Saturday, July 9, 2011

The Curious Incident of the Dog in the Night-Time by Mark Haddon

This first thing that struck me about this book was the cover. As much as people say to not judge a book by it's cover, I think people still unconsciously do. The book follows the story of an autistic kid, Christopher John Francis Boone. He lives with his father, who has told him that his mother is dead. One day his neighbor's dog, Wellington is found stabbed with a pitchfork in the front yard. Christopher is disturbed but intrigued. He starts writing a book following his search for the murderer. After series of shocking events, Christopher sets out on his own in England to find his mother, who is not actually dead.
I really enjoyed this read. It was suspenseful, surprising, and sad at times. It really gives a great perspective on the thought process that goes on when you have autism. Christopher was great. He was paranoid, kind of a genius, and a little snobbish (maybe it was just me) at times. This book's writing really gave you the impression that you know Christopher, knew what disturbed him, what made him sad, and what he was really made of.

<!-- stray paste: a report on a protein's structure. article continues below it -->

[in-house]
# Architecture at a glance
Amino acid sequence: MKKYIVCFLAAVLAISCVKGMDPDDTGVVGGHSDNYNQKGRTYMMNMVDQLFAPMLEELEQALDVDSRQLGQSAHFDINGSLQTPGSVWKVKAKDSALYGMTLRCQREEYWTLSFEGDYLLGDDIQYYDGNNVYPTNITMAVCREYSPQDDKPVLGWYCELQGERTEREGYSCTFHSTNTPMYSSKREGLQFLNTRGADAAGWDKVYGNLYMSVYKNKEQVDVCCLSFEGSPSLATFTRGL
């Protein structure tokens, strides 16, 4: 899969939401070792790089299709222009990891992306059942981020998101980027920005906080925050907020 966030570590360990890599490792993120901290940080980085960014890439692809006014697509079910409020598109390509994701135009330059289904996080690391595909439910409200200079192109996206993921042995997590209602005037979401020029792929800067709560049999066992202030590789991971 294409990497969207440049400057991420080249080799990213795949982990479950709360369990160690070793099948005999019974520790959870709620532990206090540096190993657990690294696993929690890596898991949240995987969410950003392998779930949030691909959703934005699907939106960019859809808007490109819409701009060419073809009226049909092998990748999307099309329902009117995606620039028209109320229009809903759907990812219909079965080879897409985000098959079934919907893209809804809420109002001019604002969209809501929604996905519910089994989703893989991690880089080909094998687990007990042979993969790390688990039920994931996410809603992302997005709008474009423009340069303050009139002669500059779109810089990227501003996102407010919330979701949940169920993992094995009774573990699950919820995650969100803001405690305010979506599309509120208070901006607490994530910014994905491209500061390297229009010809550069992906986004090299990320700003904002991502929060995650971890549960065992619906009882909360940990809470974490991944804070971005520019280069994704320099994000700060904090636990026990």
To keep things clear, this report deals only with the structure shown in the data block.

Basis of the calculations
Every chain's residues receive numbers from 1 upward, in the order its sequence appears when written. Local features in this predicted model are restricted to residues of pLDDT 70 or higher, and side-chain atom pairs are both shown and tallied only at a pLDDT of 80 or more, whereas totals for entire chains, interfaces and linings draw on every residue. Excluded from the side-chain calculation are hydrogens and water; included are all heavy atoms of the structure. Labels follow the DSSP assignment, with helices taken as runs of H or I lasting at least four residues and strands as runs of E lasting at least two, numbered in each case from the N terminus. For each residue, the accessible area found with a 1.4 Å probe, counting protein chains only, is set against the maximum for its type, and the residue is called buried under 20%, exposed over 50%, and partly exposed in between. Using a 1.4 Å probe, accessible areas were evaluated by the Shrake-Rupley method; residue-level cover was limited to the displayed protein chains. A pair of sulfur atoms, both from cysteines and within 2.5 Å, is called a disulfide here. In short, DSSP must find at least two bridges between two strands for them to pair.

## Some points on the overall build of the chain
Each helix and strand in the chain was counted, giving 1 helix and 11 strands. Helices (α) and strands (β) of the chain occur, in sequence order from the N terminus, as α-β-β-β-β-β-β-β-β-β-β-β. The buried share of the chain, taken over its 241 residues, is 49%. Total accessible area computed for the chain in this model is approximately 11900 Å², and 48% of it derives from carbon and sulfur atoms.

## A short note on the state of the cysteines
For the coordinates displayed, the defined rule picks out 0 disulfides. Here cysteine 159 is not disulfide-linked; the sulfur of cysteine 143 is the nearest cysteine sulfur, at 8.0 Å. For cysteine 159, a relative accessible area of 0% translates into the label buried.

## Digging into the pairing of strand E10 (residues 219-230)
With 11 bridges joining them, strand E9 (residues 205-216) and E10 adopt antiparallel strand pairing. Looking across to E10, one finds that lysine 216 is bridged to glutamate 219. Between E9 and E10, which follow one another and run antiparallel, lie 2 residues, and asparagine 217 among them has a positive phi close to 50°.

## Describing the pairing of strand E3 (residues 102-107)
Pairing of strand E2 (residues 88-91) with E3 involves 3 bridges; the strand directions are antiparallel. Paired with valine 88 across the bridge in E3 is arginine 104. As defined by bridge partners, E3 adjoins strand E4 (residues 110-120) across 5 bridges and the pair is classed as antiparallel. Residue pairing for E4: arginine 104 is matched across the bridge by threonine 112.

5 Stars

1 comment:

  1. The story revolves around his idea of writing a mystery novel just because he enjoys them. He wants to solve the mystery of the murder of his neighbor's dog, an animal that he is very fond of because they are easy to understand. The book is written from Christopher's point of view, which gives the reader an insightful position to see how he thinks. He has several little obsessions such as his hatred of the colors yellow and brown, as well has odd dislike of being touched. Christopher has a hard time understanding human emotions and tends to stray away from situations with no logical answers. The story progresses as he learns the fundamentals of humans, even if it is very little. The light humor in this book shows Haddon's ability to empathize with others and express their feelings from another person's point of view. I really enjoyed this book.